WASHINGTON, DC – The first refurbished W76 nuclear warhead has been accepted into the U.S. nuclear weapon stockpile by the Navy, according to a senior official at the Department of Energy's National Nuclear Security Administration (NNSA). This culminates a ten year effort to ensure that the aging warhead, already years beyond its original intended life, can continue to be a reliable part of the U.S. nuclear deterrent.
"This is another great example of the unsurpassed expertise throughout NNSA's national security enterprise," said William Ostendorff, NNSA's principal deputy administrator. "It becomes more and more challenging each time we extend the life of our nuclear weapons. I am proud that our dedicated scientists and engineers were able to once again meet this unique responsibility."
Most nuclear weapons in the U.S. stockpile were produced anywhere from 30 to 40 years ago, and no new nuclear weapons have been produced since the end of the Cold War. Integrated into the Department of the Navy's Trident II "D5" Strategic Weapon System, the first W76 entered the stockpile in 1978.
NNSA must use science-based research and development to extend the lifetime of the current weapons in the stockpile. By extending the life, or time that a weapon can safely and reliably remain in the stockpile without having to be replaced or removed, of a current weapon, NNSA is able to maintain a credible nuclear deterrent without producing new weapons or conducting new underground nuclear tests.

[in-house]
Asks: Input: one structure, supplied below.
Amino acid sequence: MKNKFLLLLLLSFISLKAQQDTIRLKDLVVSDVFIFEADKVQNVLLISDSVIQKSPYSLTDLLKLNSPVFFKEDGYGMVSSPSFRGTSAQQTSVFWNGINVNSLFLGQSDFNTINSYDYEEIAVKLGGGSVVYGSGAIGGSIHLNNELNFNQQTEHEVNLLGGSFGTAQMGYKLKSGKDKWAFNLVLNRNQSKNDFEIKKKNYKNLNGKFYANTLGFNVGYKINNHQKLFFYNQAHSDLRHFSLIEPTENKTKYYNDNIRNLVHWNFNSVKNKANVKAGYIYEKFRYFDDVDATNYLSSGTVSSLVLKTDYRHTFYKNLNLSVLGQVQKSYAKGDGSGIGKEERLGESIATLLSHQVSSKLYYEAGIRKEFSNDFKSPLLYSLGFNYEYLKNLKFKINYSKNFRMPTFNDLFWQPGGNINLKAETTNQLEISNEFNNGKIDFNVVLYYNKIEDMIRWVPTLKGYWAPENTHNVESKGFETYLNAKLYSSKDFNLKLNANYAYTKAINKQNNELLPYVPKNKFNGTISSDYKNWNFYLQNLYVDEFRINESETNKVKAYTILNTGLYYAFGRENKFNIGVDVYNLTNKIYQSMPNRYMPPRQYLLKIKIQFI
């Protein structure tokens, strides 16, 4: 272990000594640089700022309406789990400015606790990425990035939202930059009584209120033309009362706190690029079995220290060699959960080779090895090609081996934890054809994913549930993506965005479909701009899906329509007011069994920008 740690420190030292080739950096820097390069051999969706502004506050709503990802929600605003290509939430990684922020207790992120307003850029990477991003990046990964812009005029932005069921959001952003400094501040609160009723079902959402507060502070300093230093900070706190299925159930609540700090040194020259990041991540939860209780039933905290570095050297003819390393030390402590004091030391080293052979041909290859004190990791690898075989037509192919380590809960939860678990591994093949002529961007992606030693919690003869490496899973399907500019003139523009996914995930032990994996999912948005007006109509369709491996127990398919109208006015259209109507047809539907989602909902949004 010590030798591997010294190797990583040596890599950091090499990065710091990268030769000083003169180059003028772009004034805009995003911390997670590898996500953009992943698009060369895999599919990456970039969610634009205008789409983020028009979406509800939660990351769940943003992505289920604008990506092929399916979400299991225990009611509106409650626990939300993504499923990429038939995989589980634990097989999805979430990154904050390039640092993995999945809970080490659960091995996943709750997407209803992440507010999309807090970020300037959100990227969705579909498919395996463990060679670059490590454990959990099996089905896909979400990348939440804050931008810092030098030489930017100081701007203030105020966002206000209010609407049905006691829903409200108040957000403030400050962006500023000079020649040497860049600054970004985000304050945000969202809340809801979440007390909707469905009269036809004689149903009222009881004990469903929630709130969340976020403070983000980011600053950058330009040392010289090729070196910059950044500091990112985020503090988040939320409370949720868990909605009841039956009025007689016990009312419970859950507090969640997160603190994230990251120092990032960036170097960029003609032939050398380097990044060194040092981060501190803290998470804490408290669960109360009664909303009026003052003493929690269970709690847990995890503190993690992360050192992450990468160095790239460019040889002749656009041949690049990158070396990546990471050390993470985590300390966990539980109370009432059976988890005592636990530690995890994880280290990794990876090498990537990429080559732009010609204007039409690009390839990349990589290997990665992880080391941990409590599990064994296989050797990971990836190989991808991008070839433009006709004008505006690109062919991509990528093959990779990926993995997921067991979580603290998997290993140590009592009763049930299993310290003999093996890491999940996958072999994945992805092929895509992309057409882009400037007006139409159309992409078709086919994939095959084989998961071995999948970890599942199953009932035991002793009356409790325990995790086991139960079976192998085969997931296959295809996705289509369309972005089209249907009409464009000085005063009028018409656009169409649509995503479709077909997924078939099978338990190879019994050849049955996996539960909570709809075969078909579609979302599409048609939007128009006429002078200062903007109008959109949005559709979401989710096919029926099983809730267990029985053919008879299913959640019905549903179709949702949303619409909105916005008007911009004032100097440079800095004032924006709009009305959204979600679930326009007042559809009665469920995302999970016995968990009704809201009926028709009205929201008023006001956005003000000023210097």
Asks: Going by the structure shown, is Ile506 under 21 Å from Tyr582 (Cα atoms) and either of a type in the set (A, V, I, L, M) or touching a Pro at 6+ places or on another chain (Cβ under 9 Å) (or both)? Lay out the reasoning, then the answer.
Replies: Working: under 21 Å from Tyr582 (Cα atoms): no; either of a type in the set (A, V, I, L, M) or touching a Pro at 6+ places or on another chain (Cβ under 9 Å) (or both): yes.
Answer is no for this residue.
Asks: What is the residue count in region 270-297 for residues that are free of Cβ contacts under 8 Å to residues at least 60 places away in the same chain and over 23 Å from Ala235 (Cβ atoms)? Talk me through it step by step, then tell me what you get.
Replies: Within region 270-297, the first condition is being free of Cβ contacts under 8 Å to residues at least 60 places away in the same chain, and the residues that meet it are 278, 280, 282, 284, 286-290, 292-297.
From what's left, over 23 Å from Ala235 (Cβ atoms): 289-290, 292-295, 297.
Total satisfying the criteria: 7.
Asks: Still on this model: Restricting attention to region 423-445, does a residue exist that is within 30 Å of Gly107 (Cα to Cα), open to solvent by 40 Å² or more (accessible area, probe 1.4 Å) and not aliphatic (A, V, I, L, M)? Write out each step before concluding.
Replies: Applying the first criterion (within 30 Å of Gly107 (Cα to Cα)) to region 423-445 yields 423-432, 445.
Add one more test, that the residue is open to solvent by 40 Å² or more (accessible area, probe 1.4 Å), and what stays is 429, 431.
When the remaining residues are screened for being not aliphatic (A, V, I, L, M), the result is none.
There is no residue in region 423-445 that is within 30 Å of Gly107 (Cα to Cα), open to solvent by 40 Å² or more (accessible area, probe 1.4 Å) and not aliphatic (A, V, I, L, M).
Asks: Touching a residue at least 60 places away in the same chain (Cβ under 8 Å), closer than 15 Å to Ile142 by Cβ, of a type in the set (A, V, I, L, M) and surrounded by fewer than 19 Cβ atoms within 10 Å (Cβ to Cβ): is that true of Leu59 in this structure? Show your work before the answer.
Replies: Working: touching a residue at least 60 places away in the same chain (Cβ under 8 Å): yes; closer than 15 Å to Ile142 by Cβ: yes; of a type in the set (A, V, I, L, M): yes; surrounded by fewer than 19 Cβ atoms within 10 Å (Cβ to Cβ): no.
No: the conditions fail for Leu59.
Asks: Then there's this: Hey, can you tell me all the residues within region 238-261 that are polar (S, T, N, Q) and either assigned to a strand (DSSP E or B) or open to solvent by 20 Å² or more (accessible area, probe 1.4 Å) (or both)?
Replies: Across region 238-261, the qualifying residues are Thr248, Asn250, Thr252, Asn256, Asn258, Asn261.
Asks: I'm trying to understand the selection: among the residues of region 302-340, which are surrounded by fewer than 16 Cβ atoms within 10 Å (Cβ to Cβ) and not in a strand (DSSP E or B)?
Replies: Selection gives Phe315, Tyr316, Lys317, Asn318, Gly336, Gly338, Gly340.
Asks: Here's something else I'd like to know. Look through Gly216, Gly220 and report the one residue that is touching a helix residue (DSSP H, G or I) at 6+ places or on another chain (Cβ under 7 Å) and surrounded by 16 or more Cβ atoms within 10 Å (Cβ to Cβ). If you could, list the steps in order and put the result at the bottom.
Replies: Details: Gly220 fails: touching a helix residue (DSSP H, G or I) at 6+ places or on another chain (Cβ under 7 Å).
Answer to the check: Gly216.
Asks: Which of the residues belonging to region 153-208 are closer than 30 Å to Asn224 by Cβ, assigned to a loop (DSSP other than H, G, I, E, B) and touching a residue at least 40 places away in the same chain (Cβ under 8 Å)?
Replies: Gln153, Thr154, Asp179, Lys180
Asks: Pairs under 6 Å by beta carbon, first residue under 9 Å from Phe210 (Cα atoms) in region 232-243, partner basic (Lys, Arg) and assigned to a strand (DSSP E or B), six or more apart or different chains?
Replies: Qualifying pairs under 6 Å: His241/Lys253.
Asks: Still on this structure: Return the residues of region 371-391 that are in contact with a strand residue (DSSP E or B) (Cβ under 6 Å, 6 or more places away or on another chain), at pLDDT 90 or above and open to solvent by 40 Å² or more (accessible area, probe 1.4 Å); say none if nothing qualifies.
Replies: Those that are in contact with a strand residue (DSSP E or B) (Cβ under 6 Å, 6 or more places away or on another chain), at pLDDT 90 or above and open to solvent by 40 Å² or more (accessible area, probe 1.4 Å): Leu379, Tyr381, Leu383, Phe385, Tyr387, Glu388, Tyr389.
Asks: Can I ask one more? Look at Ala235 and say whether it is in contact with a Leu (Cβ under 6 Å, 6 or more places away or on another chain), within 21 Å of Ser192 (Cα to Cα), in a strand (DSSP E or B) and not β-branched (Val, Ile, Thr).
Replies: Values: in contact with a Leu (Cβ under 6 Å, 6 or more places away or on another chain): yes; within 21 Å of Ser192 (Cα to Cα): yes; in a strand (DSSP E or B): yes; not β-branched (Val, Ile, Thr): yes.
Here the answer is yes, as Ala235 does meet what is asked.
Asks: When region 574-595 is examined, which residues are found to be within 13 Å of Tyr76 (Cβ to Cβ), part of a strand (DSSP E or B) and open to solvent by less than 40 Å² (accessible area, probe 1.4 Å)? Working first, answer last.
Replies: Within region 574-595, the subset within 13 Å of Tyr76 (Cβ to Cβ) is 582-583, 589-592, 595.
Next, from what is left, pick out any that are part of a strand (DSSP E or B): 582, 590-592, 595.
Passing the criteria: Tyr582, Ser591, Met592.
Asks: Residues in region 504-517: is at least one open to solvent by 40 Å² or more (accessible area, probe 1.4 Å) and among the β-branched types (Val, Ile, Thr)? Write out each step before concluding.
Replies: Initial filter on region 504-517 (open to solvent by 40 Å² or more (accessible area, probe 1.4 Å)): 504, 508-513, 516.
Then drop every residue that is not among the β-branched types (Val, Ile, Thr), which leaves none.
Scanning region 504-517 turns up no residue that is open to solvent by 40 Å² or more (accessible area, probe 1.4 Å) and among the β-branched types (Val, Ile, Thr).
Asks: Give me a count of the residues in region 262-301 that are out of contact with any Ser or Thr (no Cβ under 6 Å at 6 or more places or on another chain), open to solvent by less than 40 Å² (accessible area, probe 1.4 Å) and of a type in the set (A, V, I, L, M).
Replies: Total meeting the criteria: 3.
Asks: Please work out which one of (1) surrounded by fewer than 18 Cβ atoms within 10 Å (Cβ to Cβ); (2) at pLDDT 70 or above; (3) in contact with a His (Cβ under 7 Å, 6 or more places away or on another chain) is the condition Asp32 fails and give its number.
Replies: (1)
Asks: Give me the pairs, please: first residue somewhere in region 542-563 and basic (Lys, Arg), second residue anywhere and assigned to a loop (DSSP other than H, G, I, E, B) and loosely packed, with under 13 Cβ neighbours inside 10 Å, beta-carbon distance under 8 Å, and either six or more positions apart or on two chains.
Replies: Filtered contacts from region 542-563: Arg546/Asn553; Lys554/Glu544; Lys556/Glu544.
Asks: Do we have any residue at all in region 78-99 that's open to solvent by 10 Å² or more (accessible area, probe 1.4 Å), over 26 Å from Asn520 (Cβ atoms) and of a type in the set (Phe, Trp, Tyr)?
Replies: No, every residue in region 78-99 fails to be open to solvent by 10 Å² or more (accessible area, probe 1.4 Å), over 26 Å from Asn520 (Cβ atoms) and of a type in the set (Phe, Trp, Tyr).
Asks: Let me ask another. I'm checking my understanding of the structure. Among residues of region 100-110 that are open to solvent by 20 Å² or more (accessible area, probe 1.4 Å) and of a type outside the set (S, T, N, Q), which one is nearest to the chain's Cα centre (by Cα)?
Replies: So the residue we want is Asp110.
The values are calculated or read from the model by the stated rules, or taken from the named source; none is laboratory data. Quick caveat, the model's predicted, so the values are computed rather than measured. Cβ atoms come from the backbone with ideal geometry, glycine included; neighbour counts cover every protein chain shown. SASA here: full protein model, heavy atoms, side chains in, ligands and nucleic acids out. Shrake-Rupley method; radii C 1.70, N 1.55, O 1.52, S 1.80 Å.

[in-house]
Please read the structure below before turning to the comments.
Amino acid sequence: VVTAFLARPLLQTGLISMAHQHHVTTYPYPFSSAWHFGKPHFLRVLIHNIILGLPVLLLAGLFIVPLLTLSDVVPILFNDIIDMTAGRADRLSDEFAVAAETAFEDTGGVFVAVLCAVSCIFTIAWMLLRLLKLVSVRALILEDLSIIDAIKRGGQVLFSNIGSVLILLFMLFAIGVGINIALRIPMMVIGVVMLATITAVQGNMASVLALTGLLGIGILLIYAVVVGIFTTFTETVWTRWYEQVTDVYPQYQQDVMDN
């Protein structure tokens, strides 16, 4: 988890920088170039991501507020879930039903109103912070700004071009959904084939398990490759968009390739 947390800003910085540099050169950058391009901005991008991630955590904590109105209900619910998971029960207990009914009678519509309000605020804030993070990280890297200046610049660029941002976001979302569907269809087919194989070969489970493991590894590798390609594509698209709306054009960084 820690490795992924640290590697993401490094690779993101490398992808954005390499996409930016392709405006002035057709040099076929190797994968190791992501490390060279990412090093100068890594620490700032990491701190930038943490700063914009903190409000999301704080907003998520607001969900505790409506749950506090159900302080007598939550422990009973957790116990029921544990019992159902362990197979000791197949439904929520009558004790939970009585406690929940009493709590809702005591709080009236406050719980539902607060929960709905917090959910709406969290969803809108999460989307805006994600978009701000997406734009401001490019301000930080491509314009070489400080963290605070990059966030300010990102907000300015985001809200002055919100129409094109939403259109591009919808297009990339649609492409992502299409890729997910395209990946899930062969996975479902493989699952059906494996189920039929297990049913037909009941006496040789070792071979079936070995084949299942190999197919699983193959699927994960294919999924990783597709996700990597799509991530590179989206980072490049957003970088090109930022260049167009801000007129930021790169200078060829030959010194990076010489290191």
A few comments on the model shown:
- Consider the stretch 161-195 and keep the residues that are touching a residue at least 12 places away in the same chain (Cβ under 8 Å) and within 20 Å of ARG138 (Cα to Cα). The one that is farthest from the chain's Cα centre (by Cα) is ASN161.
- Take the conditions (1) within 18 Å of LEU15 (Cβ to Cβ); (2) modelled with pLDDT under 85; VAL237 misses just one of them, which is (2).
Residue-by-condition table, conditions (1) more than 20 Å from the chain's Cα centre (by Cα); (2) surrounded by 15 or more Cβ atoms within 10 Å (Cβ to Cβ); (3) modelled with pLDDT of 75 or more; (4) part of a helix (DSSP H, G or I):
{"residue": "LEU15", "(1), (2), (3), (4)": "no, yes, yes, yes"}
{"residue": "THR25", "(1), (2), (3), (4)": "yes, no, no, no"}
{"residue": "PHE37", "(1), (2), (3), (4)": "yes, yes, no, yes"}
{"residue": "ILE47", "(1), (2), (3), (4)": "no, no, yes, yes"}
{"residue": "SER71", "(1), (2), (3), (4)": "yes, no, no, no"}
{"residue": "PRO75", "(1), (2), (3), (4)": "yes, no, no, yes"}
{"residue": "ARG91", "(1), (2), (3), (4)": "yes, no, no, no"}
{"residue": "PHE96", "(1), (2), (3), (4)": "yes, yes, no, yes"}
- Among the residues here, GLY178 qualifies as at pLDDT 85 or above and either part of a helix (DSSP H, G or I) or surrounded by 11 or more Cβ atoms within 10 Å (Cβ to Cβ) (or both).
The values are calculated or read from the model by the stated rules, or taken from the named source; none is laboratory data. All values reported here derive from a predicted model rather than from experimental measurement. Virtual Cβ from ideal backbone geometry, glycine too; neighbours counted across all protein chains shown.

President George H.W. Bush instituted a moratorium on nuclear testing in 1992, and Ostendorff said that NNSA continues meeting the challenge of certifying nuclear weapons without testing. "We were able to certify that the refurbished W76 is reliable without conducting an underground nuclear test," he said. "This is one reason why we need to continue recruiting our nation's best scientific and engineering minds, so that we can continue doing this very complicated work."
Established by Congress in 2000, NNSA is a semi-autonomous agency within the U.S. Department of Energy responsible for enhancing national security through the military application of nuclear science in the nation's national security enterprise. NNSA maintains and enhances the safety, security, reliability, and performance of the U.S. nuclear weapons stockpile without nuclear testing; reduces the global danger from weapons of mass destruction; provides the U.S. Navy with safe and effective nuclear propulsion; and responds to nuclear and radiological emergencies in the U.S. and abroad.
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